Silent Film and the Keyboard Art Pioneers

Fans of silent film were just as devoted to their favorite stars as we are today. In fact, a couple of fans from the era took their devotion to a new level, pioneering a kind of art that wouldn’t gain true popularity until the 1970s.

Keyboard art (commonly known today as ASCII art) dates back to the days of the typewriter. The earliest known example of keyboard art dates from 1898 and depicts a butterfly. The fans of silent film took this concept to a new level in the 1910s and 1920s, and began creating portraits of film stars, later submitting them to fan magazines to share.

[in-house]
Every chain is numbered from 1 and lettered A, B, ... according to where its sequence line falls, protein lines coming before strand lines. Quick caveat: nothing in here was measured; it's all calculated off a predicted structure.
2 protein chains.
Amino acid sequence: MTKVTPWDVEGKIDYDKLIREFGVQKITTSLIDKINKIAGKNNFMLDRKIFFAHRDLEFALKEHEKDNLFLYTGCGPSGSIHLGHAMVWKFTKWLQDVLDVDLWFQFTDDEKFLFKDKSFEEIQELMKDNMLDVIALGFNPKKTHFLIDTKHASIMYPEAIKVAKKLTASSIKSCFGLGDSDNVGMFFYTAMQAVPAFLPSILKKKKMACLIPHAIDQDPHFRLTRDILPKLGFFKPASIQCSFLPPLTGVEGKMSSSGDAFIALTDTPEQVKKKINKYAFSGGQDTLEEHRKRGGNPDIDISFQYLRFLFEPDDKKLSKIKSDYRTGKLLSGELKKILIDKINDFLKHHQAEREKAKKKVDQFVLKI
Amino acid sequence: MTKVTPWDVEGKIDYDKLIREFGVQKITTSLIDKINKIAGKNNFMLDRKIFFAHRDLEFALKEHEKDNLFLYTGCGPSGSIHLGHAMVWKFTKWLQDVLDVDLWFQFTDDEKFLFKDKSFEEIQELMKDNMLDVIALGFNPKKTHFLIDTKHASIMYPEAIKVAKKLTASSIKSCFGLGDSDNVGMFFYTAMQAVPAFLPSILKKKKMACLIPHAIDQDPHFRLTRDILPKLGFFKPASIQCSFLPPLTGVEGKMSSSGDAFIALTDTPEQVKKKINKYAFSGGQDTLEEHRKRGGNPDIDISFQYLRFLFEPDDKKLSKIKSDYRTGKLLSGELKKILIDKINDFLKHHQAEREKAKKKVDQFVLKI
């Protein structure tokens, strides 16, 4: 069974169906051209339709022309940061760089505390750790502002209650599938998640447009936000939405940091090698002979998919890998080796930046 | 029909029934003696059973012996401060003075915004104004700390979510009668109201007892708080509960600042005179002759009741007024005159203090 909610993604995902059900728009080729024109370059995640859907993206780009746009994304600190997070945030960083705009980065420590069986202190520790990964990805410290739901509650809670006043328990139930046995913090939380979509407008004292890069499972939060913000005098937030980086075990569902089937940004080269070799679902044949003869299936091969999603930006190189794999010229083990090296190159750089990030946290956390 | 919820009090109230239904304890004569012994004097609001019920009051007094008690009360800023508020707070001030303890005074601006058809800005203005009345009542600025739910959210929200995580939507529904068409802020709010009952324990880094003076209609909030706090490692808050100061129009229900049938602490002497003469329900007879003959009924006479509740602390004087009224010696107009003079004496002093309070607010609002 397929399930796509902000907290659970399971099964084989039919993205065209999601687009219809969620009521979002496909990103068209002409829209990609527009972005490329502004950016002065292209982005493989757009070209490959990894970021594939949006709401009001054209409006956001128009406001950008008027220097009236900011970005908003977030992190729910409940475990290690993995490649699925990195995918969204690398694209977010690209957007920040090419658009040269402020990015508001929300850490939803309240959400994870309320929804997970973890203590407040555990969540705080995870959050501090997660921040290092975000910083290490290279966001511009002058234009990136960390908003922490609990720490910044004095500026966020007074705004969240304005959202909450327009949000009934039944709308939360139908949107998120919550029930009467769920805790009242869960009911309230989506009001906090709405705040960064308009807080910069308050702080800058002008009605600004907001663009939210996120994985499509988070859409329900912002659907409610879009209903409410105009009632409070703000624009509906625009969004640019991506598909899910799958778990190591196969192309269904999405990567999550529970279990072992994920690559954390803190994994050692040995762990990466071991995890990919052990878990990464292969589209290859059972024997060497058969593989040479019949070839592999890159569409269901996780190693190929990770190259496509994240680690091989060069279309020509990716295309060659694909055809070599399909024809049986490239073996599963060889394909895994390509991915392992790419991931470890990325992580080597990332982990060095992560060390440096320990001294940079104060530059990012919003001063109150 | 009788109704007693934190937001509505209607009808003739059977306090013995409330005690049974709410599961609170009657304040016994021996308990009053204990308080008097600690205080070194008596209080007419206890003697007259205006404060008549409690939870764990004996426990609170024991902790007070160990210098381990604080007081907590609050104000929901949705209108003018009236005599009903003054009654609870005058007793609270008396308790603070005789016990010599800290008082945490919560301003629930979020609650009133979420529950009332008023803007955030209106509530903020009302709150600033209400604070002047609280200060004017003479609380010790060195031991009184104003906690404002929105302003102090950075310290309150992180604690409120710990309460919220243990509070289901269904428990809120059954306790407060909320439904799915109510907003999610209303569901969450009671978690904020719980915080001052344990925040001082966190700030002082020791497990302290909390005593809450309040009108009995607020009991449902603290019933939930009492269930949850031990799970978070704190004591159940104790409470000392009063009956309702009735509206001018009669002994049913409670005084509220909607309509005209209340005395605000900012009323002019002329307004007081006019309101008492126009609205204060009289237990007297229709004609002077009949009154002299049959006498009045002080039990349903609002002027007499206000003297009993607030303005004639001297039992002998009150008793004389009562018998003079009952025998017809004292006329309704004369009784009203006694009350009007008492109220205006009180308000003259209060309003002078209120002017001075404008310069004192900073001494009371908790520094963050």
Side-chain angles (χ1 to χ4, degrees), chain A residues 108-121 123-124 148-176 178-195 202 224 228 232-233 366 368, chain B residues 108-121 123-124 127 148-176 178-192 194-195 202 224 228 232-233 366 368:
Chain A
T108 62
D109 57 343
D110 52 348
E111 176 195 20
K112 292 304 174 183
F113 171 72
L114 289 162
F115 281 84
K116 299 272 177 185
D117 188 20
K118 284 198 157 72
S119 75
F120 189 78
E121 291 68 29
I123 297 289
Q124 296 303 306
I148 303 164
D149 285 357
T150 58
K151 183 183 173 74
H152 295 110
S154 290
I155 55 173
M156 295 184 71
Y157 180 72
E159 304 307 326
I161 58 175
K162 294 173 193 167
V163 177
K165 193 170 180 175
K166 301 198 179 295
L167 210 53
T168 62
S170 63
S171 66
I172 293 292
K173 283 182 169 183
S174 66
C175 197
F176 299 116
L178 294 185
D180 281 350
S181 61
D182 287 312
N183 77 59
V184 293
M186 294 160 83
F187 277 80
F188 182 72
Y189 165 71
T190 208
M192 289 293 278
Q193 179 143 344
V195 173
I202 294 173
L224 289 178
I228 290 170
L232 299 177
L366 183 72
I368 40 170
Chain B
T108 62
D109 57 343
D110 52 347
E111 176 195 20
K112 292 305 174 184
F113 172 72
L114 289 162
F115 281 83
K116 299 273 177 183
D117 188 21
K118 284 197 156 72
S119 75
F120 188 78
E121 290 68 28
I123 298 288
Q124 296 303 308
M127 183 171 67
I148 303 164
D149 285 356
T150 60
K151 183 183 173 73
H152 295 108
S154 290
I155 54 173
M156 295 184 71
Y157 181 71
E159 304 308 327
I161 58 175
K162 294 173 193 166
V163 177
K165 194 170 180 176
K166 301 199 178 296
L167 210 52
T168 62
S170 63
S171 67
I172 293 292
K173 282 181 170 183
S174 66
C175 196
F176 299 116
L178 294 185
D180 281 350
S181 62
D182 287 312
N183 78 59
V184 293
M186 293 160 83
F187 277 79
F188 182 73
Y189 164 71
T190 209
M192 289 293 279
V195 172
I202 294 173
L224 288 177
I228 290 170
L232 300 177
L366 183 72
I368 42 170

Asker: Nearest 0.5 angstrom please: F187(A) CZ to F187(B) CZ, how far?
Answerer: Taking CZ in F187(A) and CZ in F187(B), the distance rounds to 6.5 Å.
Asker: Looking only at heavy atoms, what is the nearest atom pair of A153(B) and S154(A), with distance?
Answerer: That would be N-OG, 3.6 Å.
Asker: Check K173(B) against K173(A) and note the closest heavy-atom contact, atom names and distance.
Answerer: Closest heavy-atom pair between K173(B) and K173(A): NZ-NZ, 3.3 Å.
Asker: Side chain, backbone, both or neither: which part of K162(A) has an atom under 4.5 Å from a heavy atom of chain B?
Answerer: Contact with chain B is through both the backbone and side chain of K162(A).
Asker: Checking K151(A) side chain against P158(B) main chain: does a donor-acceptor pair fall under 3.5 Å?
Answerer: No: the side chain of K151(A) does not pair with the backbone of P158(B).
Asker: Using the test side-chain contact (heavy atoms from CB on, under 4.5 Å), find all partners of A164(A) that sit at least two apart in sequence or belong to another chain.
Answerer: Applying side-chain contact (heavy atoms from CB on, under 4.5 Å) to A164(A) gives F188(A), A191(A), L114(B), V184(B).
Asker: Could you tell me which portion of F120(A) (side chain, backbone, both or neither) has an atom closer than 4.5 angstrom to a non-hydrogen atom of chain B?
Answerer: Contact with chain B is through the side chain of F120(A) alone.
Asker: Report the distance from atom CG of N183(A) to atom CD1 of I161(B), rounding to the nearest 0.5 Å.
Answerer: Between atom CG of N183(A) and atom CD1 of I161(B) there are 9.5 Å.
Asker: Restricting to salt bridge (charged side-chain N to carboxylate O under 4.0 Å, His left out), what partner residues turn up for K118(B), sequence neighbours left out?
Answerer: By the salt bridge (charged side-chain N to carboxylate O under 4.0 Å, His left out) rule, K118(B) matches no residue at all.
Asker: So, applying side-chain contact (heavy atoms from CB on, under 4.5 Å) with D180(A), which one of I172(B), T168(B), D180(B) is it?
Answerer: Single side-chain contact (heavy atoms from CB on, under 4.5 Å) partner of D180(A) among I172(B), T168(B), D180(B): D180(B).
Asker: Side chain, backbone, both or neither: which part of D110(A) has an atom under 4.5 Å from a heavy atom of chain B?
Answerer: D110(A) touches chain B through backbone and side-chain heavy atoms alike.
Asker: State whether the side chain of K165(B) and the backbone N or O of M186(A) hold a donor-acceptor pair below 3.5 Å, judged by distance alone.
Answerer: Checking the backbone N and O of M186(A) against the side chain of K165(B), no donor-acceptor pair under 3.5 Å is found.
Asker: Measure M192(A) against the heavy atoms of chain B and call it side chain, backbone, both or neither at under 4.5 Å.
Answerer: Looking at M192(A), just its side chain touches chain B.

Arthur Paul Jr. submitted this keyboard art portrait of Douglas Fairbanks to Motion Picture Magazine shortly after Doug and Mary Pickford were married. Not too shabby, right?

Photoplay took note of editorial office boy Kenneth Taylor’s keyboard art skills and devoted an entire page to him and his creations. Among his portrait subjects were Dorothy Gish…

William S. Hart…

and Charlie Chaplin.

Impressive, no?

Get acquainted with Doug, Dorothy, William and Charlie in previous installments of our silent film series. Or dive deeper and check out our silent film-themed Pinterest board.

Want to dive deeper into the world of silent film? Keep up with my posts over on Curtains or on Chicago Nitrate.